Following many changes of consumer units over the years we thought it would be worth writing a blog on the topic to provide prospective clients with more information. There are many reasons why you might need a new consumer unit such as having an old, outdated unit, a unit which is not up to the latest standards or even a unit that doesn’t provide the requisite amount of circuits or provision of protection. We explore these topics in this blog and the way forwards for new installs.
Reasons to install a new consumer unit
One of the main reasons for installation of a new fuse board is that it doesn’t meet the latest standards. Many old consumer units such as the old black domino boards were fitted without Residual Current Devices (RCDs) which protect from electric shock when there is a fault on a circuit. In addition, the latest standard boards are made of metal rather than plastic so that they don’t melt and or catch fire if they overheat. Consumer units need to be replaced if they have no RCD and could be used for appliances in a special location like the garden such as for lawnmowers. Generally speaking, this means that if the consumer unit does not have an RCD and is in a Garden, ground floor or 1st floor property then it probably needs to be replaced as an electrical appliance can be plugged in through a window or door and used outside. So, if you have a 2nd floor flat or above then you don’t necessarily need an RCD under the latest standards, but they are desirable.
In addition, it’s now recommended that a Surge Protection Device is fitted on the consumer unit if you have any equipment in the house that may be damaged by a power surge.
Other reasons for needing a new consumer unit may be melting or fire damage due to overheated parts, too many conductors used in not enough ways on the board, needing to add additional circuits in the house but not having enough room on the board to add these or parts missing from the board for example the protective flap on the front of the board over the switches. In addition, if you do need to add sockets or do any socket work in your property then the latest standards require that the board has RCD protection on it so that’s another reason for needing to change your fuse box.
Things to consider
So, you have decided you need a new fuse board. The next thing to consider is the size of the board. Do you need more circuits for things like an EV charger, thermal store, or solar panels? If so, you may need a larger fuse board with more switches or ways as they are known. We always fit boards with an additional 10-20% of new ways to allow for future expansion.
Next, it’s important to have an EICR done prior to the new board change. There’s a very good reason for this. If you don’t have an EICR done, you don’t know about faults that are otherwise hidden on your circuits. We as 18th Edition engineers are obliged to sign off that all circuits on a board we have installed are in good order. If we start installing a board and find a fault it not only endangers the work being completed on the day of the install (as we have to find the fault and fix it), it also costs the customer more in unexpected fault finding fees. For this reason, we insist that an EICR is carried out prior to the board install.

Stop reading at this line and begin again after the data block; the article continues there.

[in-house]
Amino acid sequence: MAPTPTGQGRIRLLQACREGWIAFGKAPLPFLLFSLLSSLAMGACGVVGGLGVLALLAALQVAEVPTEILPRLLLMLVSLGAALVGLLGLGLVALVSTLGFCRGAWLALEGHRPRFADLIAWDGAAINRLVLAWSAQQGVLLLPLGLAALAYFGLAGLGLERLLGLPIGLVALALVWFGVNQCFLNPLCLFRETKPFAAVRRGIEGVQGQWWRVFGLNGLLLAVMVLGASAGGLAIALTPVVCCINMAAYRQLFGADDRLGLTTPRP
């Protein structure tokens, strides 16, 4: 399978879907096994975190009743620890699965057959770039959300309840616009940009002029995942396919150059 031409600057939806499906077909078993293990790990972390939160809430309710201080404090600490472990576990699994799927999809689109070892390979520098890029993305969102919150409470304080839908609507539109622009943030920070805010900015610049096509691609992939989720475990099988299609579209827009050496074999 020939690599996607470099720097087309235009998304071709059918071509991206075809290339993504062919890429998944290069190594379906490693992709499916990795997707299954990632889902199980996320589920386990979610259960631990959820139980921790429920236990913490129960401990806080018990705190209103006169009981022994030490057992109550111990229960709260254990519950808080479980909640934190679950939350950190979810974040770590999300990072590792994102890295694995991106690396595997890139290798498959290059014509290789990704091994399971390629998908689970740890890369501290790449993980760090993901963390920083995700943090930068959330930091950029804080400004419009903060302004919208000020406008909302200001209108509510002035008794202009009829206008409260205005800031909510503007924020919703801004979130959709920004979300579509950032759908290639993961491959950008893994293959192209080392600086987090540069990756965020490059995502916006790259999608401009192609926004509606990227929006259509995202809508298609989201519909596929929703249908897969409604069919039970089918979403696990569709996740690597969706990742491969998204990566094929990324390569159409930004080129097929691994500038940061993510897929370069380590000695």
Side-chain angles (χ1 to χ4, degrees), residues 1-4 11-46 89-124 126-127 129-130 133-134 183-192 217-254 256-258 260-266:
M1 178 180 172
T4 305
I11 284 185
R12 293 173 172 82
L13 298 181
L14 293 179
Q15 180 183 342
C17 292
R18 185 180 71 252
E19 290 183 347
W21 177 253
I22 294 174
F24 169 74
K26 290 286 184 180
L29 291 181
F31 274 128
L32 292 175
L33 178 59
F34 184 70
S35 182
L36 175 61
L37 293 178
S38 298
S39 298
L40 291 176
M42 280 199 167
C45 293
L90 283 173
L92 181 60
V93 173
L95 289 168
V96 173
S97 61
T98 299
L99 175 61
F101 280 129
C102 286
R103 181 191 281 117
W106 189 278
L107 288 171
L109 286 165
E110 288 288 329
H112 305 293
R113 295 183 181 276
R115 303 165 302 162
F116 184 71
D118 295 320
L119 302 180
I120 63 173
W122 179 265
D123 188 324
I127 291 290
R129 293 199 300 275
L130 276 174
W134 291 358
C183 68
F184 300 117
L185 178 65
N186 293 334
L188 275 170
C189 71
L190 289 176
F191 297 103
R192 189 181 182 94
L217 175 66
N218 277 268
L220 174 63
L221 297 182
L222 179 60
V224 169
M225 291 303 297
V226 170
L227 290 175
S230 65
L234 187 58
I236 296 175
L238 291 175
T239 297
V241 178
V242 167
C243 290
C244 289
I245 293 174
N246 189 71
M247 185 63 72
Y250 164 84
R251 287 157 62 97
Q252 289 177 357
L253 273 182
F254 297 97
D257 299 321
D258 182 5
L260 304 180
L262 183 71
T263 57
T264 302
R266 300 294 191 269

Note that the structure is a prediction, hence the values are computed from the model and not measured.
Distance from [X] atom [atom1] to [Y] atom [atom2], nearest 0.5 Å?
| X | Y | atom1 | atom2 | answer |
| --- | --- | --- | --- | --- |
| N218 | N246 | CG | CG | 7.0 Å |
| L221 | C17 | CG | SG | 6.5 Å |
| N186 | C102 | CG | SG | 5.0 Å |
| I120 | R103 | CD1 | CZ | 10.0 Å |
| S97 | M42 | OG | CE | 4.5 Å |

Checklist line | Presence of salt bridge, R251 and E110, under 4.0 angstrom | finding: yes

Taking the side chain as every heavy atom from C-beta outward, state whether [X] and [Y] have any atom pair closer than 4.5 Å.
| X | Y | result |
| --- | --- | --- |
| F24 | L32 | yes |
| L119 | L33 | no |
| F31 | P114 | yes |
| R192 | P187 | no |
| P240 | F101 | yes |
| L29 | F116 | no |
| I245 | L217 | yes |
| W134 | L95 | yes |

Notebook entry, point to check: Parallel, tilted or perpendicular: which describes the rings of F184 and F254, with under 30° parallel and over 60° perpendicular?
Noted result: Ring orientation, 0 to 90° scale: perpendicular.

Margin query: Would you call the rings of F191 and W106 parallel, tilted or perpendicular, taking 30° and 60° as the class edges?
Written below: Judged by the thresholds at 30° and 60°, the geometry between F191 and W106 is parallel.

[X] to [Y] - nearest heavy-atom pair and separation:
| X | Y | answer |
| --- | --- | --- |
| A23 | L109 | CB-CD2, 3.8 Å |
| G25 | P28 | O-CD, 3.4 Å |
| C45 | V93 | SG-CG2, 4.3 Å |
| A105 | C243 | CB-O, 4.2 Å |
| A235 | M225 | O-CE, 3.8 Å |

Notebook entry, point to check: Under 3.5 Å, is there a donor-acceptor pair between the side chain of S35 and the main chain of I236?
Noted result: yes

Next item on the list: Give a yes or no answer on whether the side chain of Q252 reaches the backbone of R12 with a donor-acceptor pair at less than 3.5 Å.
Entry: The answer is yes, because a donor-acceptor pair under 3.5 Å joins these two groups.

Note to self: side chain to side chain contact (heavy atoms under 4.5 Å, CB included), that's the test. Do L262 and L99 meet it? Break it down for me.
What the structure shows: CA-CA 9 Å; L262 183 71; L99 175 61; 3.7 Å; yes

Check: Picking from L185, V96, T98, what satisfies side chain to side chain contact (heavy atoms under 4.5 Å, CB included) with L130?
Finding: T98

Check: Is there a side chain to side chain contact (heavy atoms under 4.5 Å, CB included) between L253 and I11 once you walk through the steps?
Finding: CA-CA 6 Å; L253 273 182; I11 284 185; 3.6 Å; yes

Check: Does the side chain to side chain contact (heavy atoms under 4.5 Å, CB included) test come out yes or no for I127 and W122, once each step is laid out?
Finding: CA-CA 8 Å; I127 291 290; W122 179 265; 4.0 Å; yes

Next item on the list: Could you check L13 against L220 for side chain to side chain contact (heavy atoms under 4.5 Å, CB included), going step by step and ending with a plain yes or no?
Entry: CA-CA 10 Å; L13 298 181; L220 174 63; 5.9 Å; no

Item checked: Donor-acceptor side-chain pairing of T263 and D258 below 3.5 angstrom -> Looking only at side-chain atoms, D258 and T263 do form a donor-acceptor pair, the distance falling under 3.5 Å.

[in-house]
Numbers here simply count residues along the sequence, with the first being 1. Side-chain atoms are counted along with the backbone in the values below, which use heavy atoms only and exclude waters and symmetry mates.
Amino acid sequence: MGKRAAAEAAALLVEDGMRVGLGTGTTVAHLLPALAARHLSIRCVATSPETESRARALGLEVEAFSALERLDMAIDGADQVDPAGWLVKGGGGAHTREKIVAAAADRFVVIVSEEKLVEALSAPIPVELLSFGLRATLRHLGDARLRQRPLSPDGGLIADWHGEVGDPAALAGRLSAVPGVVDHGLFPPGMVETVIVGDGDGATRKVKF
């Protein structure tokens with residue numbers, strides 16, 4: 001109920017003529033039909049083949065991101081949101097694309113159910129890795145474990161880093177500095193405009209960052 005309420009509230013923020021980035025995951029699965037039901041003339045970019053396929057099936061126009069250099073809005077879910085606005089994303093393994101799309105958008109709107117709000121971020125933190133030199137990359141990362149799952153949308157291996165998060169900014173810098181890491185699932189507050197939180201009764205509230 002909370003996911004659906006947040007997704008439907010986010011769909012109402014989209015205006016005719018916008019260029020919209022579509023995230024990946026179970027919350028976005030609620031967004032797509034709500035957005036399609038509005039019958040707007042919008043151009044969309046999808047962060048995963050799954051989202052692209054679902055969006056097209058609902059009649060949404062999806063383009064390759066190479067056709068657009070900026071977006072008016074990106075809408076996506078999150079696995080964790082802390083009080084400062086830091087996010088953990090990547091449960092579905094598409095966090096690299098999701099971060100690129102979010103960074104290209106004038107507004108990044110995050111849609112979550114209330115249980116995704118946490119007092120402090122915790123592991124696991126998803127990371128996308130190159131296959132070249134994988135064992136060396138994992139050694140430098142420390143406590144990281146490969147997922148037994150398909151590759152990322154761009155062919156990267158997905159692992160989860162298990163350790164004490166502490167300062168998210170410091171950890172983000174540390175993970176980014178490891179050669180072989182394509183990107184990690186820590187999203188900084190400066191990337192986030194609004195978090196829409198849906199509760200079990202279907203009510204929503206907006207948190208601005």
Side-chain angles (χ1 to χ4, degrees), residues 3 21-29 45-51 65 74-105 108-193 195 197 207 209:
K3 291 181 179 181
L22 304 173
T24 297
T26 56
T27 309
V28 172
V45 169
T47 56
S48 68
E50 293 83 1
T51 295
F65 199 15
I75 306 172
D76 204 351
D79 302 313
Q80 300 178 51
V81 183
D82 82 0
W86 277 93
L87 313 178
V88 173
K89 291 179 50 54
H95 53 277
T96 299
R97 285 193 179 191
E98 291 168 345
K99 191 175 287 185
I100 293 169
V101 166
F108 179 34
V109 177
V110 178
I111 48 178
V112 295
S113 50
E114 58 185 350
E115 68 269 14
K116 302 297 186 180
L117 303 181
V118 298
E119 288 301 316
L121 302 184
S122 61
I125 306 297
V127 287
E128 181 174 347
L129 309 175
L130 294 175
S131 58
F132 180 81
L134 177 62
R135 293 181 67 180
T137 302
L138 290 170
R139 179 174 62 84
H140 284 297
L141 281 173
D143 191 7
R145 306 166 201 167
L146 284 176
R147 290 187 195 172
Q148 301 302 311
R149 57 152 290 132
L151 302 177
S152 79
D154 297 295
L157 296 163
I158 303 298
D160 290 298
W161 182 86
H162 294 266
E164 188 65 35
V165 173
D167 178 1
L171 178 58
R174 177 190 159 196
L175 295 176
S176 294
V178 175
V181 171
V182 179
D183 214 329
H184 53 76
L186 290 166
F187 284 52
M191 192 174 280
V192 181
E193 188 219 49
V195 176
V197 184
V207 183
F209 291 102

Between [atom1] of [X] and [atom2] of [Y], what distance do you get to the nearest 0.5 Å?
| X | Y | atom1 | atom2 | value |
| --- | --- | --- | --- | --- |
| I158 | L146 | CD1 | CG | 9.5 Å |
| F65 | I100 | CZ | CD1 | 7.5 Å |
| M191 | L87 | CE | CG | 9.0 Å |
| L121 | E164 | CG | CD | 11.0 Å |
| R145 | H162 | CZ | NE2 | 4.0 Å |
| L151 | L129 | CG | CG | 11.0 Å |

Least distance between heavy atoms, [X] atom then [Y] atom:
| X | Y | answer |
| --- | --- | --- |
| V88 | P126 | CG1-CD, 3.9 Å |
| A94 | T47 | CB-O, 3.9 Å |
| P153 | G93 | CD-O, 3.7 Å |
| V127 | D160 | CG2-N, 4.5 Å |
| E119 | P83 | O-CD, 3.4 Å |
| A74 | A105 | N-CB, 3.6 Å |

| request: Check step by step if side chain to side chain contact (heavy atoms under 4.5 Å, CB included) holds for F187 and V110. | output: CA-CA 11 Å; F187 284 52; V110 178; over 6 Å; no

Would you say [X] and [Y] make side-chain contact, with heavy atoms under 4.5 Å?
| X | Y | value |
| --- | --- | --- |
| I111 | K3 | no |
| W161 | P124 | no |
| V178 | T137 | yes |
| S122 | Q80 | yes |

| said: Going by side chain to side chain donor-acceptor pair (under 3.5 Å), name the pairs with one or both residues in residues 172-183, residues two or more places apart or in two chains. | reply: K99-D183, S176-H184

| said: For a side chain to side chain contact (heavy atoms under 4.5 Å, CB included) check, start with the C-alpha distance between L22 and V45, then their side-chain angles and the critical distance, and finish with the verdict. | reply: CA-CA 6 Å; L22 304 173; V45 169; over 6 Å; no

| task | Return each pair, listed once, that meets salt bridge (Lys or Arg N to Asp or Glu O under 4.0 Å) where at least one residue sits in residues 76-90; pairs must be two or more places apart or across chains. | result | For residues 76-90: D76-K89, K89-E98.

The type of new board is worth considering also. Current standards suggest that a board with miniature circuit breakers (MCBs) and RCDs is good enough. These give protection from electric shock. However, the very latest boards have RCBOs. An RCBO is a combination of an RCD and an MCB. We recommend that RCBO boards are used now, as if there is a fault on one circuit only the one RCBO switches off leaving all other circuits able to be used. These boards are a little more expensive but many also think that the electrical standards will eventually move towards them anyway, so it is worth future proofing by installing this type of board.
Once you have decided on the board then it is time for installation by a suitably qualified electrician. This type of job usually takes most of the day so the electrician normally would start early, and the electricity is usually off for the day. Sometimes the conductors will need extending depending upon the situation of the board. Sometimes they won’t need extending. The time to install is clearly more depending on the number of switches and while a small board with 4 or 5 switches may only take a half day some of the larger boards with upwards for 30 ways can take more than the full 8 hours.
For this reason, installation costs for boards range from an average of around £680.00+VAT up to £1000.00+VAT depending on the number of switches and the complexity of the installation.
Finally, once the board is in the engineer completes the paperwork for the board by issuing an EIC describing the installation and the work done. This is accompanied by a Part P notification advising local Building Control that the work of replacing the consumer unit has occurred. Both documents are normally forwarded onto the client once the work is completed.
So, in summary, there is quite a lot to consider when you change your consumer unit or fuse board and you should have a good chat with your electrician to go through all this prior to carrying out the work.